The Conodoguinet Creek flows 101 miles through the Cumberland Valley of Pennsylvania. We traveled to just a small portion of the Conodoguinet Creek. In our area eutrophication and acid rain are common. Eutrophication is caused by sewage treatment plants, home sewage systems, and fertilizer runoff. Acid rain is caused by fossil fuel burning. If we were to test the Conodoguinet Creek for signs of acid rain, eutrophication or other types of pollution, then it would test with high levels of pollution. That way my hypothesis and what I thought about the pollution in the Conodoguinet Creek before I went there and tested the water.
The film The Sea Inside shares the heart warming real life story of a man named Ramon Sampedro. At the young age of twenty-six he suffered an accident while diving into shallow waters of the ocean that left him a quadriplegic. Now at the age of fifty-four, Ramon must depend on his family to survive. His older brother Jose, Jose’s wife, Manuela and their son Javi do their best to take care of Ramon and make him feel loved. Although Ramon is extremely grateful to his family and friends for their help all these years, he has come to see his life as aggravating and unsatisfying. He wishes to die with the little dignity he has left in his life. However, Ramon’s family is dead set against the thought of assisted suicide and the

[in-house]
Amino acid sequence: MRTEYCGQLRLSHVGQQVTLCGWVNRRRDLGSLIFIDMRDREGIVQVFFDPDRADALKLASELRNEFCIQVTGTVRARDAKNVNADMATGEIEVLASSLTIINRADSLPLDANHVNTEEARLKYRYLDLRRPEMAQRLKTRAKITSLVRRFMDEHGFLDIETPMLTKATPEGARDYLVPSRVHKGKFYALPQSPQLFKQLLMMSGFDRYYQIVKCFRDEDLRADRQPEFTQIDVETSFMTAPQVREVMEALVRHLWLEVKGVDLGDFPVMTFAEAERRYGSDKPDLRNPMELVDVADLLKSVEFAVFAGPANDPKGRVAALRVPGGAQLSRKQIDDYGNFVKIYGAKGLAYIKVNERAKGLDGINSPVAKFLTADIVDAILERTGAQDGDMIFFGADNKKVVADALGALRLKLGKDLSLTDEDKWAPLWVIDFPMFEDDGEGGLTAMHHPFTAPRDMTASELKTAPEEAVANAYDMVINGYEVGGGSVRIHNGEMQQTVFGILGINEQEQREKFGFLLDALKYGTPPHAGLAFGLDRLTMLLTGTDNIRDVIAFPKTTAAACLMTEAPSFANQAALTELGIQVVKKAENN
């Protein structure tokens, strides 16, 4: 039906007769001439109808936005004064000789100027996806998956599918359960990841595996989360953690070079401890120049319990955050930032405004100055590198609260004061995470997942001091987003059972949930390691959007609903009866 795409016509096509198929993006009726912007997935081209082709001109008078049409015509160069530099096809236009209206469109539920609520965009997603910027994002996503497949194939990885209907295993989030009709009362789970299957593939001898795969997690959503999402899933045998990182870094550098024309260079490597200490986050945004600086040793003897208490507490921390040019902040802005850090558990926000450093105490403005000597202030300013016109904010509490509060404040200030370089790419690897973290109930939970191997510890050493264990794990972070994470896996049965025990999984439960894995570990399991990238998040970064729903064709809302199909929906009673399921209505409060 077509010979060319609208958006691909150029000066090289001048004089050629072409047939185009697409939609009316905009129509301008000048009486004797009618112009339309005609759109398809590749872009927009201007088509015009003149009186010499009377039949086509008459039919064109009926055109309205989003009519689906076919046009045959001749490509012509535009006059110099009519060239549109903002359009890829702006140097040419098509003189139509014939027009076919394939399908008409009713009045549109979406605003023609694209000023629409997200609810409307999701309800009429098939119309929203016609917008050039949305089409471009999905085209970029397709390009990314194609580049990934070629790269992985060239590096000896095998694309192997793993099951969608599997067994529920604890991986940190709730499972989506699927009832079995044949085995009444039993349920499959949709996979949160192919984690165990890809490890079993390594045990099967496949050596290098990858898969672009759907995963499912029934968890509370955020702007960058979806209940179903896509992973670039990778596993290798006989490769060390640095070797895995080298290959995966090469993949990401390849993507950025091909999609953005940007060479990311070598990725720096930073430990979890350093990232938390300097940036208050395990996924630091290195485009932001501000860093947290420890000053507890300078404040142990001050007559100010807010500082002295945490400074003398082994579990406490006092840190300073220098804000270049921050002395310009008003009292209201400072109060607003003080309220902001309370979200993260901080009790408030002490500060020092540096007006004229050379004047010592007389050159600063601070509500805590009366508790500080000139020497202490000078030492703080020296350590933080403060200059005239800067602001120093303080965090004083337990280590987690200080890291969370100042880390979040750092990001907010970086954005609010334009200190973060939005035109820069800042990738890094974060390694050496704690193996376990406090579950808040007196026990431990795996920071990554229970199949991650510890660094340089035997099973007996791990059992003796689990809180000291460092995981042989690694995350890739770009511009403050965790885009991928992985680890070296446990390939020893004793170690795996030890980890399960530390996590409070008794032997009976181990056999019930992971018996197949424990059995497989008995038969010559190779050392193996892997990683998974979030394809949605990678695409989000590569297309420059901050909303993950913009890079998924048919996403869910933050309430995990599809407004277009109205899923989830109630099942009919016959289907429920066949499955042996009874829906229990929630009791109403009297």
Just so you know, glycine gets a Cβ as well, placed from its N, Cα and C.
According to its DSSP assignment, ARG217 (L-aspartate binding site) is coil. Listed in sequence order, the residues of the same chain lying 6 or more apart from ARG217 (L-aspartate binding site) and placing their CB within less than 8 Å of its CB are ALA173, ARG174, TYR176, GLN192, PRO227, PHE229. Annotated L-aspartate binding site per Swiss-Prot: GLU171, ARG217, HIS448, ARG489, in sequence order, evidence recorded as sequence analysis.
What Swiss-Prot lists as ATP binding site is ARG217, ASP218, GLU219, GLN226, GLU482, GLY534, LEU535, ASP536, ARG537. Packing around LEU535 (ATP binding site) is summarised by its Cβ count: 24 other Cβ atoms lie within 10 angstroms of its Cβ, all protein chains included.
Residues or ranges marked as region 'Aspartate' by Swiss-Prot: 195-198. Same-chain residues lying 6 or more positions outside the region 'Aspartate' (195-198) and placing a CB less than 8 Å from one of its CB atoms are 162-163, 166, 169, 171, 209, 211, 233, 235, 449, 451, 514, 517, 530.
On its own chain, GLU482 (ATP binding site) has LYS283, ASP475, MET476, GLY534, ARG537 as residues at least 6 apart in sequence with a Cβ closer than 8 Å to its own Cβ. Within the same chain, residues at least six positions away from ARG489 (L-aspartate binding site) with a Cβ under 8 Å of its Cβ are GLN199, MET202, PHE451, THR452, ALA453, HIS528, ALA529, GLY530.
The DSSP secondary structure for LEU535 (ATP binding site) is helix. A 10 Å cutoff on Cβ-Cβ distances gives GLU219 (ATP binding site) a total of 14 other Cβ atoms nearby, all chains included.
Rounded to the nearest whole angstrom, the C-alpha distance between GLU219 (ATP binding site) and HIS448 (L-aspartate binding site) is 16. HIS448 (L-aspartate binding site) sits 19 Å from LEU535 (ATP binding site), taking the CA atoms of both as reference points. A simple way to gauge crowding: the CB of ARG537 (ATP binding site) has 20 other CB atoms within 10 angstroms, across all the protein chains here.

The problem of AMD is serious at many sites and can happen after mine closure. Quantities and concentrations of AMD depend on site-specific characteristics. Chemical, biological, and physical factors are important for the rate of AMD generation. These factors can be characterized by dumps with high permeability and high oxygen ingress that contribute to higher ARD reaction rates. The dumps that increase sediment loads can cause loss of habitat in the surrounding area. Thus, this leads to higher temperatures and increased oxygen ingress through convection. These factors can also be characterized by low pH values (altered chemical equilibria) and elevated content of heavy metals (toxicity to aquatic organisms and human users) and dissolved salts (salinization problems for agriculture and sensitive users). For countries in more humid areas, high levels of precipitation can aggravate the problem of AMD . Also, bacteria that can accelerate AMD generation due to their ability to oxidize sulphur minerals and increase the rate of sulphur oxidation, which is an important factor in ARD formation . All of these discussed factors can accelerate the production of AMD to a level that can be problematic.